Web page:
CPPE advises NNPCLtd to adjust own price to cushion economic impact

AS the removal of petrol subsidy continues to take its toll on Nigerians economically, the Centre for Promotion of Private Enterprise (CPPE) has suggested that the Nigerian National Petroleum Company Limited (NNPCLtd) should reconsider price adjustments. 

The chief executive officer of the Centre, Muda Yusuf, told The ICIR that the national oil company should consider selling petroleum products at a price which is 10 per cent less than that of other private sector marketers.

He argued that the NNPC, being the sole importer of petroleum products, would have easier access to the dollar.

He believed such intervention by the national oil company should be able to lessen the economic burden on Nigerians and demonstrate the desired social sensitivity by the government.

Yusuf further said that government must be seen to be concerned about the social outcomes of its reform, without prejudice to the new status of the NNPCLtd as a public limited liability company.

He said government should immediately entrench competition in the importation and refining of petroleum products to put an end to the current monopoly structure of supply of petroleum products in the country.

He said that the NNPCLtd’s monopoly as supplier of petroleum products was partly responsible for exploitative pricing of petroleum products – diesel, aviation fuel and petrol – pointing out that the best strategy to protect consumers in any economy is to create a good and sustainable competition framework.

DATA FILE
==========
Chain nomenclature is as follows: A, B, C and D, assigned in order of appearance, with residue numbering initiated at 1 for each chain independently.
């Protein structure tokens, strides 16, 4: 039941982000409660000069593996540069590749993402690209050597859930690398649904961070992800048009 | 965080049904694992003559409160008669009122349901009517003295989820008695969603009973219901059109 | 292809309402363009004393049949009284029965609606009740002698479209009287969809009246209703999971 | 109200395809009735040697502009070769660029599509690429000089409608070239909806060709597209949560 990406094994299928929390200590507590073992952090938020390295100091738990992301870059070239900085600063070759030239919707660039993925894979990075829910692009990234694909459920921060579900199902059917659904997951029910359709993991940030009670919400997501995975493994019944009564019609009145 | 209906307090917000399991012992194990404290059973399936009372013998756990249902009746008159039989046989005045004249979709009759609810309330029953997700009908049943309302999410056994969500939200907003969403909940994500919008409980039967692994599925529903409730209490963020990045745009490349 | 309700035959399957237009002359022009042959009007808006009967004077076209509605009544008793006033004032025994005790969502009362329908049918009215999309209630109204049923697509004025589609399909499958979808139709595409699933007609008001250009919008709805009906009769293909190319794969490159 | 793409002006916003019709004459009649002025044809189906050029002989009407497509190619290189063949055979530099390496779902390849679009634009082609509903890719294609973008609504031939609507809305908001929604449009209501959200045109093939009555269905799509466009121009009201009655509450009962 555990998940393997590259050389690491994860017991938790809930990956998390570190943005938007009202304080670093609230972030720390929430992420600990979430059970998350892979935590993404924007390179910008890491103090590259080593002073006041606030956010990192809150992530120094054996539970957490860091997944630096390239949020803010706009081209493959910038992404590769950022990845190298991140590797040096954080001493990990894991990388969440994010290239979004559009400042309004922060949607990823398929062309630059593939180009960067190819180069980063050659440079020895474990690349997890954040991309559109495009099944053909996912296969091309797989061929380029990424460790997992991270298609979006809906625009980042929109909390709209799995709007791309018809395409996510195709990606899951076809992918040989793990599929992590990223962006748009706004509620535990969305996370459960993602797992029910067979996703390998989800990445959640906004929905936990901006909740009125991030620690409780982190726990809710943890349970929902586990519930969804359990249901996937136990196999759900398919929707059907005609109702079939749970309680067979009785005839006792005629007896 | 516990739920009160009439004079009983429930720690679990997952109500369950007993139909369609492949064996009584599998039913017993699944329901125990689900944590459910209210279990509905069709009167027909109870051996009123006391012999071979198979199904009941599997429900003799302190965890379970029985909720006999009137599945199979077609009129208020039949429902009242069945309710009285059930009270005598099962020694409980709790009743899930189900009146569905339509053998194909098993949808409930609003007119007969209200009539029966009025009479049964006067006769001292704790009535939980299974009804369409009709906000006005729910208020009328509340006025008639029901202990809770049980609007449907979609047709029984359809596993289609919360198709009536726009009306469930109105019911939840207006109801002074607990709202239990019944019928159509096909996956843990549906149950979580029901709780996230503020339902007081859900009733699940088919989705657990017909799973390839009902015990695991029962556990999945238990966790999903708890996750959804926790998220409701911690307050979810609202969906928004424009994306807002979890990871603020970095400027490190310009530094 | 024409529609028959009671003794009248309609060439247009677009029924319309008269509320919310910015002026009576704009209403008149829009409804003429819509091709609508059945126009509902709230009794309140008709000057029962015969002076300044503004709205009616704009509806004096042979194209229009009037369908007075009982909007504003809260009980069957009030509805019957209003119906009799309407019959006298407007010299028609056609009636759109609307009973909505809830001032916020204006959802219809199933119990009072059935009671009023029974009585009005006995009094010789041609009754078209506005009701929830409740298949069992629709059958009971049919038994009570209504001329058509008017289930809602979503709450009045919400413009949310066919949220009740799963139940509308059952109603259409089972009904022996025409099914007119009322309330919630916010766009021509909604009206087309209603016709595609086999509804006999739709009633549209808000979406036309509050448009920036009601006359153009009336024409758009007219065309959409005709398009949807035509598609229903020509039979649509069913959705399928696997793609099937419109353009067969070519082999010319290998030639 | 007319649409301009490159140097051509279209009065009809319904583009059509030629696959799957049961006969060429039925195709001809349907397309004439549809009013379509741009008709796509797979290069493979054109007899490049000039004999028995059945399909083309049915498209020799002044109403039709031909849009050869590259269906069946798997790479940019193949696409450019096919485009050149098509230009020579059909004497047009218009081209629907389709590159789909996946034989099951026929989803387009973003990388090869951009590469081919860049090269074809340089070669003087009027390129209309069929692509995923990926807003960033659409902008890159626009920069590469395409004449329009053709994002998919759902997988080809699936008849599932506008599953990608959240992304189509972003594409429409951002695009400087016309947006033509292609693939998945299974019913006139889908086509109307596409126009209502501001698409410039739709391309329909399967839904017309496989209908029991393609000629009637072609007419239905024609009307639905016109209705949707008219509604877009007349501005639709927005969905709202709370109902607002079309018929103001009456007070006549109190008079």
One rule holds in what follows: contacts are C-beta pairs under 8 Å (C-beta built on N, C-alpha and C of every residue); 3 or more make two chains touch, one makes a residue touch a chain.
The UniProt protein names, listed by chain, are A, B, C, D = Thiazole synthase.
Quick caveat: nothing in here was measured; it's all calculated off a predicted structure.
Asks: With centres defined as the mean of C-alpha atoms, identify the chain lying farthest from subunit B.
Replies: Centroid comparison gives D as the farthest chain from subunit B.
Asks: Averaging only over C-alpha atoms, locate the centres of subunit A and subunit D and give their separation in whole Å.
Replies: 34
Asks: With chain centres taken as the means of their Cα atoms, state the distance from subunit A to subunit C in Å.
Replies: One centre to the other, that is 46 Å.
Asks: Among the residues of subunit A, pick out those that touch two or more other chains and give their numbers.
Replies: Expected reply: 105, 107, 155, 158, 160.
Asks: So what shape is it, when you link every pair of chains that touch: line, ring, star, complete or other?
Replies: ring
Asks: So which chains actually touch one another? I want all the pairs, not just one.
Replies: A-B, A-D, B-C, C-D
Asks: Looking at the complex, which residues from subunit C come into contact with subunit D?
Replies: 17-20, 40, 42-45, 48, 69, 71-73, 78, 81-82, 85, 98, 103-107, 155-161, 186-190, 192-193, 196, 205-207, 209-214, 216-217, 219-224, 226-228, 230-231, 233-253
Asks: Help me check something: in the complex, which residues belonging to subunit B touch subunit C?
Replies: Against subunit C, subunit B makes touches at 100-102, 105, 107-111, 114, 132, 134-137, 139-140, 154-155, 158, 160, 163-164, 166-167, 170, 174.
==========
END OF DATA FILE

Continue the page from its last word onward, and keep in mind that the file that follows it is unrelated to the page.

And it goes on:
He also said that since the new policy is affecting operators in the transportation industry, there is the urgent need for government to consider introduction and immediate implementation of key fiscal measures.




     

     

    He suggested that import duty, value added tax, and other port charges on semi-knocked down parts for the assembly of mass transit buses should be waived.

    This, he explained, would not only make mass transit buses cheaper, it would also enhance industrial capacity utilisation of the vehicle assembly plants in the country.

    He suggested, “Import duty on passenger buses of 15-passenger capacity and above should be reduced by 50 per cent for the next one year.

    “Import duty on fairly used cars of engine capacity of 2000cc and below should be reduced by 30 per cent.This will enhance access of the middle class to vehicle ownership in the light of the high deficit in the provision of public transportation.”

    Harrison Edeh is a journalist with the International Centre for Investigative Reporting, always determined to drive advocacy for good governance through holding public officials and businesses accountable.

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